Why Is My Check Engine Light On Volkswagen? (11 Reasons Why)

Nothing alarms drivers more than the check engine light suddenly flashing. After all, check engine lights are there to signal you to a host of possible problems going on in your car.

If you are a Volkswagen owner who has never encountered this before, do not panic. There are several reasons—most of which are not serious—for this, and we will list them all here!

Why Is My Check Engine Light On Volkswagen?

Your Volkswagens’ check engine light can be triggered by something as simple as a loose fuel cap. Or, it can be a sign that there’s something seriously wrong in your car, like your oxygen sensor and mass airflow sensor failing. Your spark plugs and their wires could be worn, or your catalytic converter might malfunction.

If you are interested in learning more about the most basic and the most alarming reasons your Volkswagen’s check engine light is on, keep on reading!

1. Your Oxygen Sensor Is Failing

Your car’s oxygen sensor is responsible for measuring the amount of oxygen in your car’s exhaust system that has not been burnt.

Through the O2 sensor, your car’s computer can adjust the amount of fuel and air mixture that goes into the cylinders. When an O2 sensor malfunctions, your car burns more fuel.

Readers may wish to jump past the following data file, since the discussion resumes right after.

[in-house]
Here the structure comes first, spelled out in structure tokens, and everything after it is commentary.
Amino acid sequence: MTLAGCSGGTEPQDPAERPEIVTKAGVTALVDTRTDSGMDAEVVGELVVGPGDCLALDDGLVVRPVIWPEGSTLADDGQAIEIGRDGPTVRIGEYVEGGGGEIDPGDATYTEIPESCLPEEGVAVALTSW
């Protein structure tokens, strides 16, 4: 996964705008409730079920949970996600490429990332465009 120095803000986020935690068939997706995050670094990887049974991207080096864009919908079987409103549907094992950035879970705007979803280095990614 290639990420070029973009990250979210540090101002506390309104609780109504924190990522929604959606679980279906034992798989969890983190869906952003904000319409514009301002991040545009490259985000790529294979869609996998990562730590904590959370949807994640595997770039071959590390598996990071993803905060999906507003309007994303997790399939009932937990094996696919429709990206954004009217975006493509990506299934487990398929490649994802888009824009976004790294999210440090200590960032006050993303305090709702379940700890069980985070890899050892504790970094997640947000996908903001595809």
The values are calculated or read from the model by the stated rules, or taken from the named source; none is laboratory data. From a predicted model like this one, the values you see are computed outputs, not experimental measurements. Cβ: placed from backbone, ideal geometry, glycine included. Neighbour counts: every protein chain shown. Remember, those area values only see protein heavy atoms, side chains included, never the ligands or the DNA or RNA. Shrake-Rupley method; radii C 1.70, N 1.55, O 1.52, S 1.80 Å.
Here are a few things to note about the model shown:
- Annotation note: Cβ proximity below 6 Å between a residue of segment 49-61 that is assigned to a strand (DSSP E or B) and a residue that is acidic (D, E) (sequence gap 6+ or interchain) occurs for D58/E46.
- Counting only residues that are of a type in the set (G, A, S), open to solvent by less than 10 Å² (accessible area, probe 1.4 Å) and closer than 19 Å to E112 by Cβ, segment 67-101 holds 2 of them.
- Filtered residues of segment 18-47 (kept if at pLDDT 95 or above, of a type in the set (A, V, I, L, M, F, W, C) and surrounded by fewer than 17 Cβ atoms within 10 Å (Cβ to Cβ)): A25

As such, your check engine light will turn on to tell you that your oxygen sensor either needs to be repaired or replaced entirely for your car to maintain a good fuel economy.

2. Your Mass Airflow Sensor Is Declining

Through your car’s mass airflow (MAF) sensor, the amount of air entering your engine is monitored, and your car can easily adjust to altitude changes.

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Apart from the check engine light turning on, you will know if your MAF sensor needs checking when your engine has trouble starting, and your mileage is reduced.

3. You Have A Loose Fuel Cap

While a loose fuel cap seems like a trivial matter, it will trigger the check engine light. Mainly, this is because a loose fuel cap can leak gasoline fumes and affect the system’s pressure.

Usually, check engine lights will turn on due to loose fuel caps after you fill up. However, should this be a frequent problem, it may be time to replace the fuel cap altogether.

4. Your Catalytic Converter Is Malfunctioning

Catalytic converters are responsible for turning the carbon monoxide produced by your car into carbon dioxide. As a result, your car will be sluggish and have a rotten smell.

Additionally, a catalytic converter malfunctioning is bad news, mainly because replacing it costs upwards of $200.

For these reasons, your check engine light will flash and prompt you to have your catalytic converter diagnosed and repaired as soon as possible.

5. Your Spark Plug & Ignition Coil Have Problems

Problematic ignition coils and spark plugs spell a lot of trouble for you and your car. You will know if this is the case because of symptoms like engine misfire and difficulty accelerating.

Worse, worn or malfunctioning ignition coils and spark plugs can eventually cause your car to seize up.

Therefore, to prevent this, your check engine light will turn on at the first sign of trouble.

6. Your Spark Plugs Have Bad Wires

Your Spark Plugs Have Bad Wires

It is not only your spark plug that can have issues. spark plug wires can also experience problems while transferring electricity from the ignition coil to the spark plug.